COVID-19 and the Supply Chain: What Can You Expect?

Over the past few years we have seen immense growth in e-commerce. The necessity for people to have goods delivered to their homes because of quarantine restrictions because of COVID-19 pandemic is going to take the demand for e-commerce to unprecedented levels. With this growth in e-commerce, distributors and retailers alike will need to react. The cost of labor will be high, not to mention the administrative burden of onboarding, training and staffing facilities when labor shortage is currently such an issue in the material handling industry.

For obvious reasons, China has been hit hardest. Chinese manufacturing has subsequently suffered severely, causing shortages while demand for some of those products is increasing. The backlash caused by this large amount of delayed inventory being rushed through supply chains as manufacturing in China picks up again will put extreme amounts of stress on already maxed out supply chains. Distributors who aren’t preparing for this now may not have time to react once it starts to hit.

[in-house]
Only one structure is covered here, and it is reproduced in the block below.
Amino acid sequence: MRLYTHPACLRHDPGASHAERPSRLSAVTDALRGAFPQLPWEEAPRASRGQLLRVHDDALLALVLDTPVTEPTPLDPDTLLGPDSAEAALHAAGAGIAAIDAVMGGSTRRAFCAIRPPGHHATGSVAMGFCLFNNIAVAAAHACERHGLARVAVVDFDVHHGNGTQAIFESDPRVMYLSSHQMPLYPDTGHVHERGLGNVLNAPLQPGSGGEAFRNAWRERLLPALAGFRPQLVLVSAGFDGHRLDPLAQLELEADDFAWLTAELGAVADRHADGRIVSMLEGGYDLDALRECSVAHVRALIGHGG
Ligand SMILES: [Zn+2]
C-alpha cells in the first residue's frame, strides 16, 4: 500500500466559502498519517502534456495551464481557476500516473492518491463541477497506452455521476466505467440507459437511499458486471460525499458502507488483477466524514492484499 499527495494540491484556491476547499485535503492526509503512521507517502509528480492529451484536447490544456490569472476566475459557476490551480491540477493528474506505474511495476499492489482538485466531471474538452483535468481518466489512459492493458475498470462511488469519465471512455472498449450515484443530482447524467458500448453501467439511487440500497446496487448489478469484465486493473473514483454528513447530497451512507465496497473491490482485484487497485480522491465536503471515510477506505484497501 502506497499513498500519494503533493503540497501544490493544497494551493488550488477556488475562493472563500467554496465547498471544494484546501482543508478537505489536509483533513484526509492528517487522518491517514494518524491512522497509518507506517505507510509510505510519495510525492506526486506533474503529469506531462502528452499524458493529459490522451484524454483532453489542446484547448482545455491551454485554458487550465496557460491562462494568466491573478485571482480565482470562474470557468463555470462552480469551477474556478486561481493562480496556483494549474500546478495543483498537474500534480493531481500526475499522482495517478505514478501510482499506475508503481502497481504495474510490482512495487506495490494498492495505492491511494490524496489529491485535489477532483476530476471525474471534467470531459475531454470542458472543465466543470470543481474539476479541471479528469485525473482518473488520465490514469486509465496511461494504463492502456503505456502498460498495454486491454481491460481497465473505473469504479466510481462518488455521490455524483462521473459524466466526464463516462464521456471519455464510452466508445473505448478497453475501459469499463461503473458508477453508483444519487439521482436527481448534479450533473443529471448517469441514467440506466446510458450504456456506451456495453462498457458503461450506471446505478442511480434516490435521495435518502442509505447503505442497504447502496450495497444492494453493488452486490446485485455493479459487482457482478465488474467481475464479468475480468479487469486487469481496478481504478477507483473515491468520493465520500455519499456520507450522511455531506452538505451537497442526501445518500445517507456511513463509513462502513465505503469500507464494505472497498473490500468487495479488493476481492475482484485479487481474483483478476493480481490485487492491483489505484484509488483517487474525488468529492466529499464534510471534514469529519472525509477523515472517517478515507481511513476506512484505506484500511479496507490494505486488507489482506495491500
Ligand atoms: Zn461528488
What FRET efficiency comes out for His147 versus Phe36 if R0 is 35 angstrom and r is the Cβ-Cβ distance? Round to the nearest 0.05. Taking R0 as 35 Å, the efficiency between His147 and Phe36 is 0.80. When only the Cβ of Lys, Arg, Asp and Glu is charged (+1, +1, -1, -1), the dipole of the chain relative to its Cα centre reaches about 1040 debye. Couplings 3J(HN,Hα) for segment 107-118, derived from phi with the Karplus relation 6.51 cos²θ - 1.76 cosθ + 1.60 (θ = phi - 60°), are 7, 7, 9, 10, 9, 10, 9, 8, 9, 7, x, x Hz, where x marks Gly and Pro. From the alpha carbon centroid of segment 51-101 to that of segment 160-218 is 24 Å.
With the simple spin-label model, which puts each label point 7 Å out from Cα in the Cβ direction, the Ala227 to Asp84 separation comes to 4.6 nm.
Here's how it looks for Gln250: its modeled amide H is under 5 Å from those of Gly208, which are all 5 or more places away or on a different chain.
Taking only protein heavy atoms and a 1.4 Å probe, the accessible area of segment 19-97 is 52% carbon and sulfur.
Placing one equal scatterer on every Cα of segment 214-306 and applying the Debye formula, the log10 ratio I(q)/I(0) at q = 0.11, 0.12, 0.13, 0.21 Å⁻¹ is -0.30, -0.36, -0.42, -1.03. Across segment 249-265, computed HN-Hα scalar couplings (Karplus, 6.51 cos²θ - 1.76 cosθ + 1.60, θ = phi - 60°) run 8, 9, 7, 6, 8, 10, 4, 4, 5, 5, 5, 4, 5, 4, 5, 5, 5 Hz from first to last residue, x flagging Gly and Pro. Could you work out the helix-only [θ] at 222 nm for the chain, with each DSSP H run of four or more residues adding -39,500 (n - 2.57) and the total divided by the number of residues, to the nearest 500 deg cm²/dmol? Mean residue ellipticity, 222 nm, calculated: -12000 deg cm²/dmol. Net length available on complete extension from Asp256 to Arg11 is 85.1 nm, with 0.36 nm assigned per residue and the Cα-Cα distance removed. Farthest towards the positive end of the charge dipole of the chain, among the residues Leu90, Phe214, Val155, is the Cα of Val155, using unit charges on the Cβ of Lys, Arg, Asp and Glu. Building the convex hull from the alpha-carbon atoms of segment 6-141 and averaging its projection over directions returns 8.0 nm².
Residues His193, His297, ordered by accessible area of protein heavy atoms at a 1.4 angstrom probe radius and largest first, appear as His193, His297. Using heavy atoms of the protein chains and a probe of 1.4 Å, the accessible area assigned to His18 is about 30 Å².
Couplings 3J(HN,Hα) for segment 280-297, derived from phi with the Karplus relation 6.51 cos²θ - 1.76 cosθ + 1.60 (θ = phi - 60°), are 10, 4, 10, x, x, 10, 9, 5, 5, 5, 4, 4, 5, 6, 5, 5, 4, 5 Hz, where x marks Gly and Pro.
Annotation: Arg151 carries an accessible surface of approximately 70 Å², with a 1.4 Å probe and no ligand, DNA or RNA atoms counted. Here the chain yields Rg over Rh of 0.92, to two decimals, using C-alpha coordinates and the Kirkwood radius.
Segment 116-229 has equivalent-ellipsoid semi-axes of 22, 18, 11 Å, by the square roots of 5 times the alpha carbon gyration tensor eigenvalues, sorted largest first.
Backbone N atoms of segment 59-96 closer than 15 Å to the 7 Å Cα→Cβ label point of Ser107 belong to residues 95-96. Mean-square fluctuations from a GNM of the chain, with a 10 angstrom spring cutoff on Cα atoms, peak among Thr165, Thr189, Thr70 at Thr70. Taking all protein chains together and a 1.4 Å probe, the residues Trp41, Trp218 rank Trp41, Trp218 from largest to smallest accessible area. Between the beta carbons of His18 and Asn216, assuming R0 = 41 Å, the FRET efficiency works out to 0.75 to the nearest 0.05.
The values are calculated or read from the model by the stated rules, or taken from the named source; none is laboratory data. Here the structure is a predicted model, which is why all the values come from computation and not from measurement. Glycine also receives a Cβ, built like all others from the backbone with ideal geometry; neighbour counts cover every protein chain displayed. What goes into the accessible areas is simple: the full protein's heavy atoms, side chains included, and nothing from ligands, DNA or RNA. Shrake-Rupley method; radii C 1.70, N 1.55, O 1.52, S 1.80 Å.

Many experts are predicting this pandemic will fundamentally change customer buying habits. People who have never shopped online before are forced to start, opening up e-commerce as a buying route for a new segment of the population. Additionally, buy online pick-up in store service as well as buy online deliver from store channels could see a massive spike throughout the remainder of the pandemic. Customers who use this new method of goods delivery will most likely continue to use the service. As such, distributors and retailers will need to scale up their capacity for these options.

So, what does this pandemic and the changing buying habits of customers mean for your supply chain and material handling capacity in the long term? The most basic strategy you can take to deal with the long-term effects of this crisis is to consider moving to an omnichannel or localized fulfillment strategy and leveraging automation to increase your throughput. It would be very difficult to navigate the new order fulfillment landscape without automation in light of the increasing demands of consumers and the labor shortages facing the material handling industry. This might include things like robotic palletizing and depalletizing, automated storage and retrieval systems or automated guided vehicles.